How to build your professional brand with social media in 15 minutes a day

How to build a powerful professional brand in 15 minutes a day

Many professionals understand that developing online influence through social media is an asset, but don’t know where to start or how to schedule it in.

Like most areas in life, the more you put in, the more you get out but you can still grow influence by investing as little as 15 minutes a day and an hour on the weekends.

Tools of the trade

The hundreds of social media tools on the market can be a disincentive. Paradoxical as it may sound, having too many choices is paralysing. There are premium paid and free tools to monitor interests, measure influence, work out who to follow, analyse the impact of a tweet or a post, and so on.

Many people avoid social media because they’re not sure which tools to use. The answer? It doesn’t really matter. There’s no ‘right’ way to do social media and the best way to learn is by doing and through the generosity of those who are already there, who are happy to offer suggestions.

Using Twitter and LinkedIn, this quick, easy and repeatable formula will get things underway.

Get set

Set yourself up:
1. Get a baseline.
2. Clear the decks.
3. Create a content source.
4. Set up a schedule.
5. Download Twitter and LinkedIn to mobile.
6. Monitor online.

1. Get a baseline

Sign into Kred and Klout and get an influence score. Monitoring these allows you to track a return on investment over time.

2. Clear the decks

Unanswered emails are a demanding master that can drain and distract you. Instead unsubscribe from subscriptions manually or by using a tool like (thank you Trevor Young).

3. Create a content source

Create targeted categories with links to high quality content on Feedly.

Taking the time to identify the best blogs and influencers in your field is well worth it. It means that the time you spend reading is genuinely beneficial and that impacts the quality of what you share. You want to develop a reputation as a go-to destination for information and opinion in your field.

Because there is an enormous amount of high quality information online and your time is limited, you want to read the readers, those people whose job it is to know about and evaluate what’s happening online. Followerwonk will help you find them.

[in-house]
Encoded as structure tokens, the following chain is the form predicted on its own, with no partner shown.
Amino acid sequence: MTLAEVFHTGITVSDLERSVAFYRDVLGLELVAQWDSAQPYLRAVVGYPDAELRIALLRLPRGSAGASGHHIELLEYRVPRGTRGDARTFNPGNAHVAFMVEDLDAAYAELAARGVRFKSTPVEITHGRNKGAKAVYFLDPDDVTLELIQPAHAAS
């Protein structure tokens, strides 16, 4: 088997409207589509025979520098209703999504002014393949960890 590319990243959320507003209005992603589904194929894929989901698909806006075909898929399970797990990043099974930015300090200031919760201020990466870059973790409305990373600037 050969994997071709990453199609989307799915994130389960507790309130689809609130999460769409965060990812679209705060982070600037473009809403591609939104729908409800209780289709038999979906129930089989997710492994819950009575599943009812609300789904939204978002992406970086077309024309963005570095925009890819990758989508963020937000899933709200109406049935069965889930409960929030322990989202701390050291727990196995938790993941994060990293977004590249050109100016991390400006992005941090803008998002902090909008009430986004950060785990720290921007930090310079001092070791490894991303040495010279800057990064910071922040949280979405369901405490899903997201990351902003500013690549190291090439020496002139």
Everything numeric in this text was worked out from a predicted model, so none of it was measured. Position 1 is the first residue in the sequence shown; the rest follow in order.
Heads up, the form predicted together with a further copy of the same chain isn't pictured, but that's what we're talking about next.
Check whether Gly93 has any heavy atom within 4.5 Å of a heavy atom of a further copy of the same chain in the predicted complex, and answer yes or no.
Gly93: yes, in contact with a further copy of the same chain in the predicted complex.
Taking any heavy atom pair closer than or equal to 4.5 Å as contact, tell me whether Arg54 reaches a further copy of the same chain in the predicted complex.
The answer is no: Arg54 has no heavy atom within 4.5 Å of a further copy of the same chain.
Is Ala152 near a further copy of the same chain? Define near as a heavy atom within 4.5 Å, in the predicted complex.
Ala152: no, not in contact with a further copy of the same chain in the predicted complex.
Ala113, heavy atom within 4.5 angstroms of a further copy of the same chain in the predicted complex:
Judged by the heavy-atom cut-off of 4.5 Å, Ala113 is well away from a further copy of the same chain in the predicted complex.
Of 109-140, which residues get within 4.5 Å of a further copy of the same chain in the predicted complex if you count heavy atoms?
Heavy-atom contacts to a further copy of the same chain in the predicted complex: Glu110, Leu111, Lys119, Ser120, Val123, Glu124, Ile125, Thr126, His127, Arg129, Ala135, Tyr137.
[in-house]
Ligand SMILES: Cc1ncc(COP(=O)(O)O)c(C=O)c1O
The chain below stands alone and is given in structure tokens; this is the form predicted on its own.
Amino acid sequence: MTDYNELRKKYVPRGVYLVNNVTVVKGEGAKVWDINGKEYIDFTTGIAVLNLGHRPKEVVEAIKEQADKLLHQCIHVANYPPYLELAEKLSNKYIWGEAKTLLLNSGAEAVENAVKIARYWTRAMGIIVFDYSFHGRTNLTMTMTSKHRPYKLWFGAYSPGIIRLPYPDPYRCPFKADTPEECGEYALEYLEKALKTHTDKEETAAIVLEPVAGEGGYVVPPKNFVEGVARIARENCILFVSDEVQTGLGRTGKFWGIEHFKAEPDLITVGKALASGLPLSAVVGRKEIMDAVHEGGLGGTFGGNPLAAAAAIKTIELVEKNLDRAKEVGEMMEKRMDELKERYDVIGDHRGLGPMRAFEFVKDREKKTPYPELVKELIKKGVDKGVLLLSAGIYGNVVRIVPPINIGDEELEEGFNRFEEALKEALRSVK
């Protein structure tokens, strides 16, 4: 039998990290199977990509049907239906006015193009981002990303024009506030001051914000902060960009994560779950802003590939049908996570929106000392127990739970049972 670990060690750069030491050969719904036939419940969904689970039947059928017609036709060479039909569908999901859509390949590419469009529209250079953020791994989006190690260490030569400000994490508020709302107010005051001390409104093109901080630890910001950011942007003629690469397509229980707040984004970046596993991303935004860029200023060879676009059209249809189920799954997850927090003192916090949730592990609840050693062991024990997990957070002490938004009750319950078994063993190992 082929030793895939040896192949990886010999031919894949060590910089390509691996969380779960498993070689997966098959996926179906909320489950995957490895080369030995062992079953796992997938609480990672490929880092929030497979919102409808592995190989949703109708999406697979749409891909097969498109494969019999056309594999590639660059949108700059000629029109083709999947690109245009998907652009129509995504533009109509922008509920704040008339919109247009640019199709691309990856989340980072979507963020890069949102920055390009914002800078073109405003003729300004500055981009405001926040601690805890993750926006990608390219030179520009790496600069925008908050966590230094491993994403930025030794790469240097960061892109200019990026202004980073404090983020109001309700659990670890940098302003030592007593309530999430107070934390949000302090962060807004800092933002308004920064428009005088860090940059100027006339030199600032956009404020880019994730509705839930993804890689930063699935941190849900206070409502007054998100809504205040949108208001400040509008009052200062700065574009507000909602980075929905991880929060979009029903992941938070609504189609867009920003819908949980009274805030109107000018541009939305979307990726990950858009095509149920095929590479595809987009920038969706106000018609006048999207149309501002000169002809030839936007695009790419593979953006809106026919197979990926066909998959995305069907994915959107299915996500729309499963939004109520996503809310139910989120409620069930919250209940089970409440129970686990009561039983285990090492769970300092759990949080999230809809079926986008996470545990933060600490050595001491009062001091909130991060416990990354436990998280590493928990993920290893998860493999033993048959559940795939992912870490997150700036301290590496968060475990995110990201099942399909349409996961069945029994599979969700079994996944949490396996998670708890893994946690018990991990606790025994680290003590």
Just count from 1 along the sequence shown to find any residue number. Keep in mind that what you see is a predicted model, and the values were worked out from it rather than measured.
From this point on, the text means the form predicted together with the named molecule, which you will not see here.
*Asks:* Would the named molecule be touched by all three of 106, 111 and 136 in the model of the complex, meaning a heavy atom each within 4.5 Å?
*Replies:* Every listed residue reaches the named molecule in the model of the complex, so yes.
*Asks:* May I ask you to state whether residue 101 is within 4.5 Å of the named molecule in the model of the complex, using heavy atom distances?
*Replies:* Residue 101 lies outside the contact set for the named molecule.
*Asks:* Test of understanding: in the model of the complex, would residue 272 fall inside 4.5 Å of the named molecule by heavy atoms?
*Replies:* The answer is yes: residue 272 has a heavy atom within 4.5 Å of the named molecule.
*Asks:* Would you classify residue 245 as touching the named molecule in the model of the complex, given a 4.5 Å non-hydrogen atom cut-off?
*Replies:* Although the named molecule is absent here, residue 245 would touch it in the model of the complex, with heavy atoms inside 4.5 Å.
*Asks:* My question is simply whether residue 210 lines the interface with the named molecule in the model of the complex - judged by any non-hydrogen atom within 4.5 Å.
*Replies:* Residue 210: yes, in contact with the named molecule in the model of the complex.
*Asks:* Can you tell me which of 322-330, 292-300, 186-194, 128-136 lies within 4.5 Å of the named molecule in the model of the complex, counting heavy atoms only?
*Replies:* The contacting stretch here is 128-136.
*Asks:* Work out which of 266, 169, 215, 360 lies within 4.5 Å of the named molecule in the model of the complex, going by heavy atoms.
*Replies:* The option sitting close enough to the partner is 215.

4. Set up a schedule

Connect your social accounts to Buffer. Schedule four tweets and one LinkedIn update per day.

5. Download Twitter and Linked In to mobile

This allows you to engage on the run.

6. Monitor

Set up an alert in Mention (thanks Nicole Majetic) and you’ll be notified when you’re mentioned. You can manage risk or create relationships with those people who are engaging with your content.


Once a week

Your social media week starts on a day you can commit to an hour of reading and it’s a two-pronged progress:

1. Share content direct from Feedly.
2. Read and comment on the content of people in your community.

1. Feedly

Head to Feedly and scan the headlines for material that interests you. Think about how you can summarise or add a point of view to the material.

Rather than sharing it all at once, push it through Buffer.

Buffer allows you to share the same piece of content on Twitter and LinkedIn but with different narrative. This is important.

On Twitter – plan for around four tweets a day. While 28 tweets may seem a lot you can get numerous insights from a single blog. Pose questions or comment on different aspects of a post but share the same link. For example –

– Any recruiters using #Klout to identify #online talent? @name
– What’s #Klout @FirebrandTalent should community managers have?
– This post on #online influencer scores in recruitment is great.
– Anyone think using #Klout to vet talent is wrong? @name @name

Remember to add a hashtag to identify the #topic and mention people you would like to engage with by their Twitter @handle.

On LinkedIn – share one piece of content generally or in a group (Buffer allows both) a day. You can provide a lengthier summary. Type the name of someone in your network and LinkedIn will alert them – a great way to get engagement or opinion. For example –

“This is an interesting post on how recruiters are using online influence scores to vet and identify talent. Although these tools aren’t perfect they establish social proof, important for online roles. Has anyone had experiences with this that they can share? Add name. “

2. Community content

Read content that is being shared by others and respond in real time or through schedule.

Once a day


1. Sign in.
2. Check notifications.
3. Thank people for sharing.
4. Respond to comments.
5. Reach out if you have time and ask a question.

Check out who has followed you and if appropriate, follow them back. Likewise, recommendations that Twitter makes.


1. Sign in.
2. Check notifications.
3. Respond to comments
4. Read a post or comment and contribute or share.
5. Respond to invitations.

That should take no more than 15 minutes a day. Having the apps on smartphone means you can check in and respond when time allows.

Of course if you get more time that’s great. Like all relationships, the depth of online connection grows over time but this small investment will really add up over a year.

More reading: 

Do YOU pack an online punch? How to measure your influence online
3 reasons why you can’t avoid social media (even if you wanted to)
Grow your influence by becoming a passionate connector of people
How to improve your professional future in 140 minutes a week


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Award-winning Australian recruitment agency, Firebrand Talent, ignites the careers of digital, marketing, creative, communications, advertising, & media talent. If you are looking for your next career move, check out the jobs we currently have on in Sydney & Melbourne.


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